I’m studying and need help with a History question to help me learn.
Check out this great website from George Mason University covering the French Revolution. Choose and report on one of the following topics located under ‘Explore’ (found on Louis XVI’s forehead). chnm.gmu.edu/revolution/
Topics: Social causes…, Monarchy embattled, The Enlightenment and Human Rights, Paris and Politics…., Women and the Revolution, Monarchy Falls, War, Terror and Resistance…, Slavery and the Haitian Revolution, the Napoleonic Experience, or Legacies of the Revolution.
Report on your topic in two pages minimum. Include the following:
1. Summary of your chosen topic (Include how this topic influenced the French Revolution and what was its historical legacy beyone the French revolution including our world today) 25 pts
2. Review of a primary source reading (found on the left margin of your topic essay), an image, or a song (both found under seperate topics in ‘explore’). 5 pts
Remember to save as an .rtf file to prevent any issues uploading and viewing.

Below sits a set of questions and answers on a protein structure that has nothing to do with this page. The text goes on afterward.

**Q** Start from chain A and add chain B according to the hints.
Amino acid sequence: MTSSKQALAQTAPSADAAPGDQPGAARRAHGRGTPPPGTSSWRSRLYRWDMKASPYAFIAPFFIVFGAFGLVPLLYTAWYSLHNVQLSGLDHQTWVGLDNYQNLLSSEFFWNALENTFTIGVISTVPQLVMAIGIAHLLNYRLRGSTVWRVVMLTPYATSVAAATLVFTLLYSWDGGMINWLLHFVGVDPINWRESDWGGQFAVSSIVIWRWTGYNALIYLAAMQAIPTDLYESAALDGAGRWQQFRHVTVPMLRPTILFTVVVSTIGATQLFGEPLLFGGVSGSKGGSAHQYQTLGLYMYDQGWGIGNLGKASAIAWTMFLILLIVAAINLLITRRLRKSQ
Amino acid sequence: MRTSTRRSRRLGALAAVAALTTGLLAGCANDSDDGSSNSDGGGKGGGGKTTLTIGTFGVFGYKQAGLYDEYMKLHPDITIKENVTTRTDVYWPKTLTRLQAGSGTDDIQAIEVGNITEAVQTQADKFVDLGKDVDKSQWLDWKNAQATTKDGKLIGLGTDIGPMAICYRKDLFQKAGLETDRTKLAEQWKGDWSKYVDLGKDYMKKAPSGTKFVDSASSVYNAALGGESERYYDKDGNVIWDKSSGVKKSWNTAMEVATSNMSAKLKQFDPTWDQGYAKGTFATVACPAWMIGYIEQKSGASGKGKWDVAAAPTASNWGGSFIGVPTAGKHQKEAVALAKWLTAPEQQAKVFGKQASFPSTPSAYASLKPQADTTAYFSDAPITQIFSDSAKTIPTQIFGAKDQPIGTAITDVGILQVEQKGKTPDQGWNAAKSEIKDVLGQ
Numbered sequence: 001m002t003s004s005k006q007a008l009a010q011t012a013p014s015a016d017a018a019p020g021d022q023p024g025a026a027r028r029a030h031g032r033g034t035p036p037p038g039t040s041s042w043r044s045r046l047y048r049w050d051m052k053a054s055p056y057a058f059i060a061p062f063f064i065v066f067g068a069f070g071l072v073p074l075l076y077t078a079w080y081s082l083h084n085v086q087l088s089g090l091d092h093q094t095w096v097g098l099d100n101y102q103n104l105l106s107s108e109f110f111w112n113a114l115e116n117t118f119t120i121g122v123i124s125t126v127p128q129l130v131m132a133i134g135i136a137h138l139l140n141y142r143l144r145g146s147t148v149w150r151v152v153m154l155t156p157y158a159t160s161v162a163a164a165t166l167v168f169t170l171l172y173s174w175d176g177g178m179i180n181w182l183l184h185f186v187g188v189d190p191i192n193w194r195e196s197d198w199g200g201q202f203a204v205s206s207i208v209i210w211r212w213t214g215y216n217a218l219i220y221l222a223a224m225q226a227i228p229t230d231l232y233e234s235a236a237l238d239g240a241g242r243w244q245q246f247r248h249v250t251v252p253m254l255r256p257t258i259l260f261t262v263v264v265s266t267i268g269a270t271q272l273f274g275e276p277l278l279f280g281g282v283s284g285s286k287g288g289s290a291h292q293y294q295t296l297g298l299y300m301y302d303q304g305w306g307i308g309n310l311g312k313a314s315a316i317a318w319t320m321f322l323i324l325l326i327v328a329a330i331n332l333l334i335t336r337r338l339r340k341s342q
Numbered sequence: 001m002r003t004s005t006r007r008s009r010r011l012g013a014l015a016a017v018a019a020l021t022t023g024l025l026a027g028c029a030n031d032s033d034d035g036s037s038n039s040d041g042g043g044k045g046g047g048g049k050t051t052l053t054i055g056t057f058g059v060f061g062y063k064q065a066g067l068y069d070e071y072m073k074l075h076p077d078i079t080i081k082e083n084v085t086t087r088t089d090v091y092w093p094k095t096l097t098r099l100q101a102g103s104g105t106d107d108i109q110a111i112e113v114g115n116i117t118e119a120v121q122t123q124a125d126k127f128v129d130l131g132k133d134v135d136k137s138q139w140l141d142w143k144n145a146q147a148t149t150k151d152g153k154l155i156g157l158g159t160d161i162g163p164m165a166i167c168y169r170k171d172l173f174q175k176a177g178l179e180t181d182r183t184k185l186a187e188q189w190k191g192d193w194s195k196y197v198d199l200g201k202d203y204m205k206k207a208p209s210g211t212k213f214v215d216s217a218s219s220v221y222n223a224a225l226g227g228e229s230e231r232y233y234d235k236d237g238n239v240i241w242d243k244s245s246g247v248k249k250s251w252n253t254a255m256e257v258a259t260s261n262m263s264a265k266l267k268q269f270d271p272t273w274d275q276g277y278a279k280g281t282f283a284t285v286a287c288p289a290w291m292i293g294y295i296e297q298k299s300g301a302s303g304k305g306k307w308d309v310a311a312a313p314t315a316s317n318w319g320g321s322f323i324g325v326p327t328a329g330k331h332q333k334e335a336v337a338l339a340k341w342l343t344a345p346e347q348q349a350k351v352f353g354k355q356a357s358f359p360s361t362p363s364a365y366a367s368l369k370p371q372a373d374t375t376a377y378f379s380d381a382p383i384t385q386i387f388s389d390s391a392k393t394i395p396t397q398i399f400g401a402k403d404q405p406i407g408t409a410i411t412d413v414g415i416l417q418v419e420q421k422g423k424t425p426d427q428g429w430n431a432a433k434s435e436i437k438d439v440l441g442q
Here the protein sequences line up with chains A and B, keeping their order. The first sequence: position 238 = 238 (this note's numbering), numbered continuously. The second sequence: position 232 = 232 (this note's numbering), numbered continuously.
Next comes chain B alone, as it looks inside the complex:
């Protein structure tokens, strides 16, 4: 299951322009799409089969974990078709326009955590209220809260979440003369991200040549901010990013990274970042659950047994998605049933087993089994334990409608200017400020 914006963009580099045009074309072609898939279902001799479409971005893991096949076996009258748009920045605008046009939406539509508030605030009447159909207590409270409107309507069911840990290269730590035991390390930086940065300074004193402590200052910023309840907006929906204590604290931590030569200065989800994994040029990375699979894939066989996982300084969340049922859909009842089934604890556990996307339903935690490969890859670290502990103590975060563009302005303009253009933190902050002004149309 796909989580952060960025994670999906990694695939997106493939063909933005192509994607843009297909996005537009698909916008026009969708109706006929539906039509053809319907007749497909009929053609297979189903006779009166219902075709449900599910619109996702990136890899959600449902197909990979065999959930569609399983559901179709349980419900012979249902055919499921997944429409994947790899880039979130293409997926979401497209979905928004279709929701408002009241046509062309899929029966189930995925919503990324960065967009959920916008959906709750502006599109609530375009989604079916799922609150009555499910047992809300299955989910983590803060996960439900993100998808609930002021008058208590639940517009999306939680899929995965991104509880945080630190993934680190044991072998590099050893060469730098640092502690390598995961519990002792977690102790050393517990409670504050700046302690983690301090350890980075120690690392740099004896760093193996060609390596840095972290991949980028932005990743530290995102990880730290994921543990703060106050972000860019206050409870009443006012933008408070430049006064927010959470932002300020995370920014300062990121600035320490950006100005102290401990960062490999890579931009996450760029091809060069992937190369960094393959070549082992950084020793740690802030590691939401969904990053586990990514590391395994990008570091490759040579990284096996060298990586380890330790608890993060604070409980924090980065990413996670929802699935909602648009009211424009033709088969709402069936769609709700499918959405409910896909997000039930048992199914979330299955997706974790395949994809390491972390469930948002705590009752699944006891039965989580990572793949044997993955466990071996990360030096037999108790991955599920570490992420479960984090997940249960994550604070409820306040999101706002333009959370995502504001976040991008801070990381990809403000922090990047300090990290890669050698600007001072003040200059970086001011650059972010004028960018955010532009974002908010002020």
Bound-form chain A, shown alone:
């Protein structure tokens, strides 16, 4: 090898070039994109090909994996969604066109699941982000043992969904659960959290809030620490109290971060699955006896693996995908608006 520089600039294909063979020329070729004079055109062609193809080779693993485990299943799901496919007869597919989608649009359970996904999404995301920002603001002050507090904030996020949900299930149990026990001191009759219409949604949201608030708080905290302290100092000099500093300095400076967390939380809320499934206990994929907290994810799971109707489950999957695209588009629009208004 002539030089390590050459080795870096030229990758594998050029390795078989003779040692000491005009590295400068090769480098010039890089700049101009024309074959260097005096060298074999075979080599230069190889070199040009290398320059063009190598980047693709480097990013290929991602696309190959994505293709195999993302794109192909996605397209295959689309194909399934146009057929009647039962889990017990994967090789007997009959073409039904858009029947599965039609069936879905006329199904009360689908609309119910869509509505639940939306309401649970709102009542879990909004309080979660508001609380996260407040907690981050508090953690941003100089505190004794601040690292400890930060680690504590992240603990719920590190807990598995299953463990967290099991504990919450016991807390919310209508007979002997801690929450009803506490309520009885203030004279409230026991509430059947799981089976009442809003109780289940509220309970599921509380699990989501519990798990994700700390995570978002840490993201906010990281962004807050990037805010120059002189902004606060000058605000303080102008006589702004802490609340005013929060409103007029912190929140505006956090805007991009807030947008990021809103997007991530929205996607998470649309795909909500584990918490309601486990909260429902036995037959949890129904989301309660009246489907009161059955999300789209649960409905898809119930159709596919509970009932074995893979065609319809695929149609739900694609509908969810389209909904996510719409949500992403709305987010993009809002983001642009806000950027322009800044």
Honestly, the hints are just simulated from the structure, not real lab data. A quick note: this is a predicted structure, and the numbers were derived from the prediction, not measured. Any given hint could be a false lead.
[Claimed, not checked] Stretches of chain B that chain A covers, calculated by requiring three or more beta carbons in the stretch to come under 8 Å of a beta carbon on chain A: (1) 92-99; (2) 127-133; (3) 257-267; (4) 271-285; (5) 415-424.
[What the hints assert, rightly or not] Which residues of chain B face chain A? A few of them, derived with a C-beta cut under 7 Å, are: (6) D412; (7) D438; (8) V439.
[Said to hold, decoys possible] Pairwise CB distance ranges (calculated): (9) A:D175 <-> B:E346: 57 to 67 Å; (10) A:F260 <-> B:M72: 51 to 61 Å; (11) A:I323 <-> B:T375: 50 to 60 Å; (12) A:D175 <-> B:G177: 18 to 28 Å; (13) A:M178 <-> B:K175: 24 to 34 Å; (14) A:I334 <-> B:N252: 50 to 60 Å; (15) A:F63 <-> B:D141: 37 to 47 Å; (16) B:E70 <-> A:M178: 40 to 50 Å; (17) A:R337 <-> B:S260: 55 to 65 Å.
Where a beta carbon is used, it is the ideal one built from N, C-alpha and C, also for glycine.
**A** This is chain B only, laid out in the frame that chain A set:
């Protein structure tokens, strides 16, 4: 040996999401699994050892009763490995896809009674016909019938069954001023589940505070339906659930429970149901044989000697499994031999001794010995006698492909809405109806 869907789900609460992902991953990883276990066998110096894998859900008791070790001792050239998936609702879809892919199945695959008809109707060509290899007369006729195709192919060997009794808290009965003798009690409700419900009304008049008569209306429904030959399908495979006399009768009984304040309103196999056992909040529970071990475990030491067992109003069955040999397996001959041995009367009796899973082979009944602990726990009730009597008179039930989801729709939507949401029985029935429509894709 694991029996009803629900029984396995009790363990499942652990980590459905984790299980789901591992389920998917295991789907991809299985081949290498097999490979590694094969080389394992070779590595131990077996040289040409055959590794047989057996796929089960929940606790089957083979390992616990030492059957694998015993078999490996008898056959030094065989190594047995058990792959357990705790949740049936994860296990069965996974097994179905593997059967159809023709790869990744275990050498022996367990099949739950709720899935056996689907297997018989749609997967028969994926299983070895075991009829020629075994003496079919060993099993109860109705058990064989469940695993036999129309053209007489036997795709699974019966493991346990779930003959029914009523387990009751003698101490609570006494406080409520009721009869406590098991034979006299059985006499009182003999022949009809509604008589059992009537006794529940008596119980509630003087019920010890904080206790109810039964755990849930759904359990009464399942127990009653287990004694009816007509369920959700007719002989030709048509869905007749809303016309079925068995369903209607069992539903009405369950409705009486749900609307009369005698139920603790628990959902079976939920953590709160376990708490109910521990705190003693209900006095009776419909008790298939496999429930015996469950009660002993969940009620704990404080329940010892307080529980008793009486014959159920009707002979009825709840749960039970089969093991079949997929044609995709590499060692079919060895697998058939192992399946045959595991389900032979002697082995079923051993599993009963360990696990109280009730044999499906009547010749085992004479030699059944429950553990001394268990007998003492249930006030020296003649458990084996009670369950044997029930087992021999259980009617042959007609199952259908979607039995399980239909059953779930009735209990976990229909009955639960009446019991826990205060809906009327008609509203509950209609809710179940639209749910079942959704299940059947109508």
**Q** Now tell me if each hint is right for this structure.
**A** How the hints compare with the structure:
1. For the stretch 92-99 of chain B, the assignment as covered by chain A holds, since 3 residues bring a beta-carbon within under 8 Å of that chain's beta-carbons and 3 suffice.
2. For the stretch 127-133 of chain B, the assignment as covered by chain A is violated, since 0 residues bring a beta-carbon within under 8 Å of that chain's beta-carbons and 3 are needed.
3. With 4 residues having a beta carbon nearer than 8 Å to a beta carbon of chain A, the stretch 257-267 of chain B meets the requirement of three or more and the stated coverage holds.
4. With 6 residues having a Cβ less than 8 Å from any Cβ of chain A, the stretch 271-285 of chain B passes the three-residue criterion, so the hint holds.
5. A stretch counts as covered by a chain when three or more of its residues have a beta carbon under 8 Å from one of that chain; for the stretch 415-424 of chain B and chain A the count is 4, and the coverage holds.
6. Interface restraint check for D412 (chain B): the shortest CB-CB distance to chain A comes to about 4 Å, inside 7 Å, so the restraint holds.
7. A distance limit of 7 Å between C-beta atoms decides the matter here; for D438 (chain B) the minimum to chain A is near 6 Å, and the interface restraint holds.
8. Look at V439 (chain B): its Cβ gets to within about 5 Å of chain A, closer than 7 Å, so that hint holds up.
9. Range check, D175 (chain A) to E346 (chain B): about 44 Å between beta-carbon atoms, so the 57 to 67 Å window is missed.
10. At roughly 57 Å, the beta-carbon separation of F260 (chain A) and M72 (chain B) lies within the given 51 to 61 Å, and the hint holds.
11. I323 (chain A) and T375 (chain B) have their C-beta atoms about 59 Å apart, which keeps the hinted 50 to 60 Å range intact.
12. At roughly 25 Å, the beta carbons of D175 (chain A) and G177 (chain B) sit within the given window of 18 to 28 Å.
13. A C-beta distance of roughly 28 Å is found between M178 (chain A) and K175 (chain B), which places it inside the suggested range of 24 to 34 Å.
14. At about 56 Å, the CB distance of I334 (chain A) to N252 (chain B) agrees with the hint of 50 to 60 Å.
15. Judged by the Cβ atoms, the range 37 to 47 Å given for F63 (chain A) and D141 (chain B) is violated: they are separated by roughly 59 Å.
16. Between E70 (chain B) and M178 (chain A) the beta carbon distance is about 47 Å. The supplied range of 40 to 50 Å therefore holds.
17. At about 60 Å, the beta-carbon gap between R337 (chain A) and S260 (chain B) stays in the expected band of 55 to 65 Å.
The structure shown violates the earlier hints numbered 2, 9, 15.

2 page minimum, approx. 500 words. 30 pts
Submit via Turnitin drop box on right hand side of the page
Follow Web/Topic Review paper guideline in Rubric folder in ‘modules’.
Besides posting Unit Review questions for each chapter, you are also required to comeple a Topic or Web review paper. These are based around a particular topic brought up by the instructor that relates to the course;s content. Each is worth 30pts.
Unlike the Review questions your Topic questions should be in more depth (two pages in length minimum) and cited where appropriate. Topic questions often ask for your own opinion in which you are required to adequately defend using evidence found in the text or other sources.
Unlike discussion boards postings, these assignments are posted in the drop box.
1.Must be a minimum of two pages in length (12pt font, double spaced) for Reflective Essays.
Reflects good organization of ideas; good grammatical usage; correct punctuation; correct spelling and good syntax.
3. Use citations when quoting, paraphrasing or using information not common knowledge.